Matched for Life

Alumna deploys her skill and experience to improve health disparities among people of color

As an executive at the national marrow donor registry Be The Match, Erica Jensen is working to Be the Changemaker.

There is a lot riding on the Regis alumna’s effort: the more successful she is, the more lives potentially can be saved.

As senior vice president for marketing, donor registry growth and development for the Be The Match®, her mission is not just drawing more donors to the registry, but convincing many more potential donors of color to sign up as well.

Operated by the National Marrow Donor Program, Be The Match maintains what it calls the world’s most diverse registry of willing bone marrow donors. Bone marrow donations can be effective treatment for a variety of life-threatening conditions, including leukemia, lymphoma and other blood cancers, as well as sickle cell disease. When patients do not have suitable donors in their immediate families, the Be The Match registry can link them with potential donors anywhere.

Jensen’s goal of recruiting donors of color is an ambitious one. “Over five years, we want to double the amount of ethnically diverse patients we are able to match,” she said. Currently, Be The Match estimates that fewer than 20 percent of its registry of potential donors are people of color. Because of characteristics that determine a match, a larger pool of donors in a particular racial or ethnic group increases the chances of finding a match for a patient of that same group.

To achieve her growth targets, Jensen and her organization will have to overcome decades of skepticism and distrust of the medical establishment — much of it well-deserved — among communities of color.

The plan is to do that by raising the organization’s profile — “if you know us [now], it’s probably because you’ve been impacted by us,” Jensen said — through marketing and social media, and resuming, post-pandemic, its presence on college campuses.

But she recognizes that with communities of color, something more personal and persuasive is needed. “We have to be there in the community,” she said. “Being part of the community and sharing stories of the impact on our patients and of how their lives could be saved if they have a donor.”

The work doesn’t stop once potential donors are on the registry, Jensen said. “The secondary challenge is to get people . . . committed, get them inspired and engaged, so when we call them, they say yes.” In other words, donors exactly like Eboni Nash.

As a graduate student at Harvard University, she did things. She volunteered, raised awareness, fought for social justice causes, worked for good. Then she graduated, with a master’s degree in liberation theology, left the humming, active Cambridge, Mass. campus and came home to tiny Eads, Colo., population 800. During the pandemic.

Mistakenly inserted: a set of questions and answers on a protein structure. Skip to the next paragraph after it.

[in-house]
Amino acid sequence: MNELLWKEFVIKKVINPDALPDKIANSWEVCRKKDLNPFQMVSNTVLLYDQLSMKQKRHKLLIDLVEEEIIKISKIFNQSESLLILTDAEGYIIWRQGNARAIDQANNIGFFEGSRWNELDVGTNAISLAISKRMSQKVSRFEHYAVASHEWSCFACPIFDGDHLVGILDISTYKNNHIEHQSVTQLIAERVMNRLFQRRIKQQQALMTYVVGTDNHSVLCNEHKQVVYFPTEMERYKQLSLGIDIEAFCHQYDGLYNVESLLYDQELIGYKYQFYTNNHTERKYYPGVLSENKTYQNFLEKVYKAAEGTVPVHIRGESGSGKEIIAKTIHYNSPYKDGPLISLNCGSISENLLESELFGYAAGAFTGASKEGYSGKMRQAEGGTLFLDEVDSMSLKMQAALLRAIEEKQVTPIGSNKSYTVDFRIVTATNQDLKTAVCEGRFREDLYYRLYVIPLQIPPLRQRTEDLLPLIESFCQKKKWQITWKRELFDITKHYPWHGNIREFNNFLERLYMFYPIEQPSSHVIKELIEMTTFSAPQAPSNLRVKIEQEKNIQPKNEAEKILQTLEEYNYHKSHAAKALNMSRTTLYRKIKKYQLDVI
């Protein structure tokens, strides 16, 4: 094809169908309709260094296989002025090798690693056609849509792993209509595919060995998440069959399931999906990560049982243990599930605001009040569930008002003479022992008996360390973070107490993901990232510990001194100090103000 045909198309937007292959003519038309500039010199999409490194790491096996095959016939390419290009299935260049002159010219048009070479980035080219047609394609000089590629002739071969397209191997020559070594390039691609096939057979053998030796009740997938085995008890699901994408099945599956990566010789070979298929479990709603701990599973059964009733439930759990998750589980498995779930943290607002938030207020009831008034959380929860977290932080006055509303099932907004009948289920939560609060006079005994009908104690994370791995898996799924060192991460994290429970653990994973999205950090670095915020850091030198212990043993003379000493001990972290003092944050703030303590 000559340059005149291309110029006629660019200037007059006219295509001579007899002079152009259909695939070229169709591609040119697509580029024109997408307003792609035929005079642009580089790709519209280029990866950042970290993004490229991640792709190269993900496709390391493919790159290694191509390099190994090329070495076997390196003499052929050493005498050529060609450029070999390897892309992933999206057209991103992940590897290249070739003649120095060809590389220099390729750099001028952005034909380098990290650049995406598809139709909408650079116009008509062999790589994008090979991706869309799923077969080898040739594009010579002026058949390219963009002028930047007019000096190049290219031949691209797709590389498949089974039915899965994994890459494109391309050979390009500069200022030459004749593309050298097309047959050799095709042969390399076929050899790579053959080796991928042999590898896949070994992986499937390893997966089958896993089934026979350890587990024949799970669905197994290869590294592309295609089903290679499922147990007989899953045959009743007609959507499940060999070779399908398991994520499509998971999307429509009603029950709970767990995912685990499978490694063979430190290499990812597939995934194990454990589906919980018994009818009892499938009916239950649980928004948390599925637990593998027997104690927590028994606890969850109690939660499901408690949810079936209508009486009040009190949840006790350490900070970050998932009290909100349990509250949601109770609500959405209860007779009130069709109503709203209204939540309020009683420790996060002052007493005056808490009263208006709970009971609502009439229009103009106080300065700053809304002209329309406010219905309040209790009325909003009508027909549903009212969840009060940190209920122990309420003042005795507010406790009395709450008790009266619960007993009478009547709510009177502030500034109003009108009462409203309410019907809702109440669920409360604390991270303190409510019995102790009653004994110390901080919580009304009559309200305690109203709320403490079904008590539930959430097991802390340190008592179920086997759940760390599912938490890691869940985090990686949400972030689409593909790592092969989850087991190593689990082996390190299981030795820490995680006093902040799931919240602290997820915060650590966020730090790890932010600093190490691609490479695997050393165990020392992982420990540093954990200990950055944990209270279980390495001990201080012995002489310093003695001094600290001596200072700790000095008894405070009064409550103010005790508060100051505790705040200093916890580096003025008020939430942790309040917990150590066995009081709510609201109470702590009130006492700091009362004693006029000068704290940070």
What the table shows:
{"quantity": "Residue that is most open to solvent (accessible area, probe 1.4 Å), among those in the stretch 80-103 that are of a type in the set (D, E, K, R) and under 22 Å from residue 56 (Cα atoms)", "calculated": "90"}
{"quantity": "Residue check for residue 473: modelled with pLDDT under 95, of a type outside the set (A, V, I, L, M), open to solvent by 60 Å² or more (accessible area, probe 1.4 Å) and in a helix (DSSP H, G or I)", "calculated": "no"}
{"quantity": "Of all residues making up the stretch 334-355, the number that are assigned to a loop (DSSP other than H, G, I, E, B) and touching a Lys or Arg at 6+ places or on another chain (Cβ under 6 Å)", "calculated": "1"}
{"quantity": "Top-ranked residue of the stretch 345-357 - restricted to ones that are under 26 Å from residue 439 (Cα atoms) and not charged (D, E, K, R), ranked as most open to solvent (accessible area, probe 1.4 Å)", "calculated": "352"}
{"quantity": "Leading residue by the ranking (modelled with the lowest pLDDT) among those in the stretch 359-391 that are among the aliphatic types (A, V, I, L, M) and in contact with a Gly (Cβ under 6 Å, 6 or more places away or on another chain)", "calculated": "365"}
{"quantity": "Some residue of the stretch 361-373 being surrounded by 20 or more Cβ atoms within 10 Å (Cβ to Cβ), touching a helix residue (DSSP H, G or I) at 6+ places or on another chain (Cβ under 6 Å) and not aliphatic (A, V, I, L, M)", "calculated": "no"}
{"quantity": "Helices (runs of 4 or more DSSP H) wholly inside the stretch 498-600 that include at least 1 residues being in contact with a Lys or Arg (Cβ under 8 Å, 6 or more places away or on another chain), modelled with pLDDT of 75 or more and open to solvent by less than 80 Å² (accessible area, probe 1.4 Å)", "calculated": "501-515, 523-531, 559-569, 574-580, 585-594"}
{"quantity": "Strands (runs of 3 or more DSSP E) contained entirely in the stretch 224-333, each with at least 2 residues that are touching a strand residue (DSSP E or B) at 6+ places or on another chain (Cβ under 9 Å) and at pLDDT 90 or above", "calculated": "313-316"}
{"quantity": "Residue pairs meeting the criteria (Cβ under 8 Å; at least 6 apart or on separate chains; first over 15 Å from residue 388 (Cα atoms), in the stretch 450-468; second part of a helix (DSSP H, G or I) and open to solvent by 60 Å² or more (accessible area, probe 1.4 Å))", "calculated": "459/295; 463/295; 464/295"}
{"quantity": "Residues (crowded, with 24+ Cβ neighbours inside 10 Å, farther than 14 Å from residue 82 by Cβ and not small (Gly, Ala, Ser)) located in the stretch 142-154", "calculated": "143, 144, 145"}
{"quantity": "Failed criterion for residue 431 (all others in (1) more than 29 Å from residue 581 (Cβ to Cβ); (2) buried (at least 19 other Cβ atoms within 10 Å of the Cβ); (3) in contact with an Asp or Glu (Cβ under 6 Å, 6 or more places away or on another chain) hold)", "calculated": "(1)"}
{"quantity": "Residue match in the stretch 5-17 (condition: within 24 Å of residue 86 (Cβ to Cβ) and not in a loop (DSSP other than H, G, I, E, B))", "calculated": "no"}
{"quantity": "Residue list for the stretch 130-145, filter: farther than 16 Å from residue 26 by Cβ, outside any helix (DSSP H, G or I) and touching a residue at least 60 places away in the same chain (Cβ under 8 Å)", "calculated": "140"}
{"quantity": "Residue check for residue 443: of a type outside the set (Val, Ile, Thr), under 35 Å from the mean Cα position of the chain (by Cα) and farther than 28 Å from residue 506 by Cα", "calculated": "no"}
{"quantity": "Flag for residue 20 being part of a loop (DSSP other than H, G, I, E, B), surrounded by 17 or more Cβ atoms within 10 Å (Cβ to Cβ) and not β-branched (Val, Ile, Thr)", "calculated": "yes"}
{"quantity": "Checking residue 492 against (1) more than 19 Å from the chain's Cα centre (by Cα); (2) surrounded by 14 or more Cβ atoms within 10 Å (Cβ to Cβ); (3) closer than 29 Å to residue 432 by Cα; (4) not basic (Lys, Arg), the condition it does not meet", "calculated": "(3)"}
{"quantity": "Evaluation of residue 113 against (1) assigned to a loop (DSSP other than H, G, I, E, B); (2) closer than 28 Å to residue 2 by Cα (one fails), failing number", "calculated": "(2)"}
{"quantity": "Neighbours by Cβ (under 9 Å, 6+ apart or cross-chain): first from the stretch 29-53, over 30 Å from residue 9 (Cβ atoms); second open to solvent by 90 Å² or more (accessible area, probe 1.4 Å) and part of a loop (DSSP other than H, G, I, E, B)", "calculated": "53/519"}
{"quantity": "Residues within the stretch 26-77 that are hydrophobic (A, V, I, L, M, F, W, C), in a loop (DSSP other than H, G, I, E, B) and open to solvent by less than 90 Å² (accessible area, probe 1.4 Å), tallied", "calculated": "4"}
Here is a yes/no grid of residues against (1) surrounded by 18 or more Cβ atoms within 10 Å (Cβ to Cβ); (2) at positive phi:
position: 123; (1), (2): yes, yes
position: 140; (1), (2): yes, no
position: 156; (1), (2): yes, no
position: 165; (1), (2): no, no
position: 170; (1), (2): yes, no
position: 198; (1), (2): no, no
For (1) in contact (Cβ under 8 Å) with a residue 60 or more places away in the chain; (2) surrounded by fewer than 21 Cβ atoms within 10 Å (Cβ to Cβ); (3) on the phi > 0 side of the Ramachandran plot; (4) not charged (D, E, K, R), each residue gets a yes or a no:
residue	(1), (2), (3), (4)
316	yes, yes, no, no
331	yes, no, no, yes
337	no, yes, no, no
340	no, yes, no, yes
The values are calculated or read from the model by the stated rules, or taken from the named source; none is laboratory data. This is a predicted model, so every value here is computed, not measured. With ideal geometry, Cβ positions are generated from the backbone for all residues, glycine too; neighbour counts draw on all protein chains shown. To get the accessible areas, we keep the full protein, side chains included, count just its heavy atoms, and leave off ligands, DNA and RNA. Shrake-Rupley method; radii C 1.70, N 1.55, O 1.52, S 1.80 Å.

“I went from doing all these things to doing nothing,” Nash said. “I felt helpless. I felt useless. So I went on my computer and Googled virtual volunteer opportunities. The second thing that popped up was Be The Match,” she said.

Reading about the organization convinced her to join the donor registry. She got the Be The Match kit in the mail, sent in her swab, “and then just forgot about it.”

Then, last fall, Nash was living in Denver, getting settled in a new job when she got a call. She was a match — a near perfect match, it turned out — with a very sick 13-year-old girl. She didn’t hesitate for a moment.

After a physical, blood tests, COVID tests and pregnancy tests, Nash donated her marrow on September 8, 2021.

She was sore for a couple days, and dizzy – the latter the result of pretty much ignoring the medical team’s instructions to drink plenty of water, Nash admitted. Overall, she was back to normal in a few days. Although the registry contains potential donors from 18 to 60, Nash’s age — 25 — made her an ideal donor. Research shows that younger donors’ cells regenerate more quickly and they experience fewer side effects, Jensen said. Nash's ethnic background — Black and Native American — means that little girl is especially fortunate that a donor was found.

In the weeks before her donation, Nash heard some comments that might explain why. “I do remember a few people of color saying, ‘are you sure that’s good idea? They might take more than they say’. I told them this is a credible organization. I did my research. And I had full agency within my procedure. You aren’t forced into anything. They educate you on the process, and they checked with me two or three times — ‘are you sure you want to do this?’ Even one more time as they wheeled me back, they said, ‘are you sure you want to do this?’”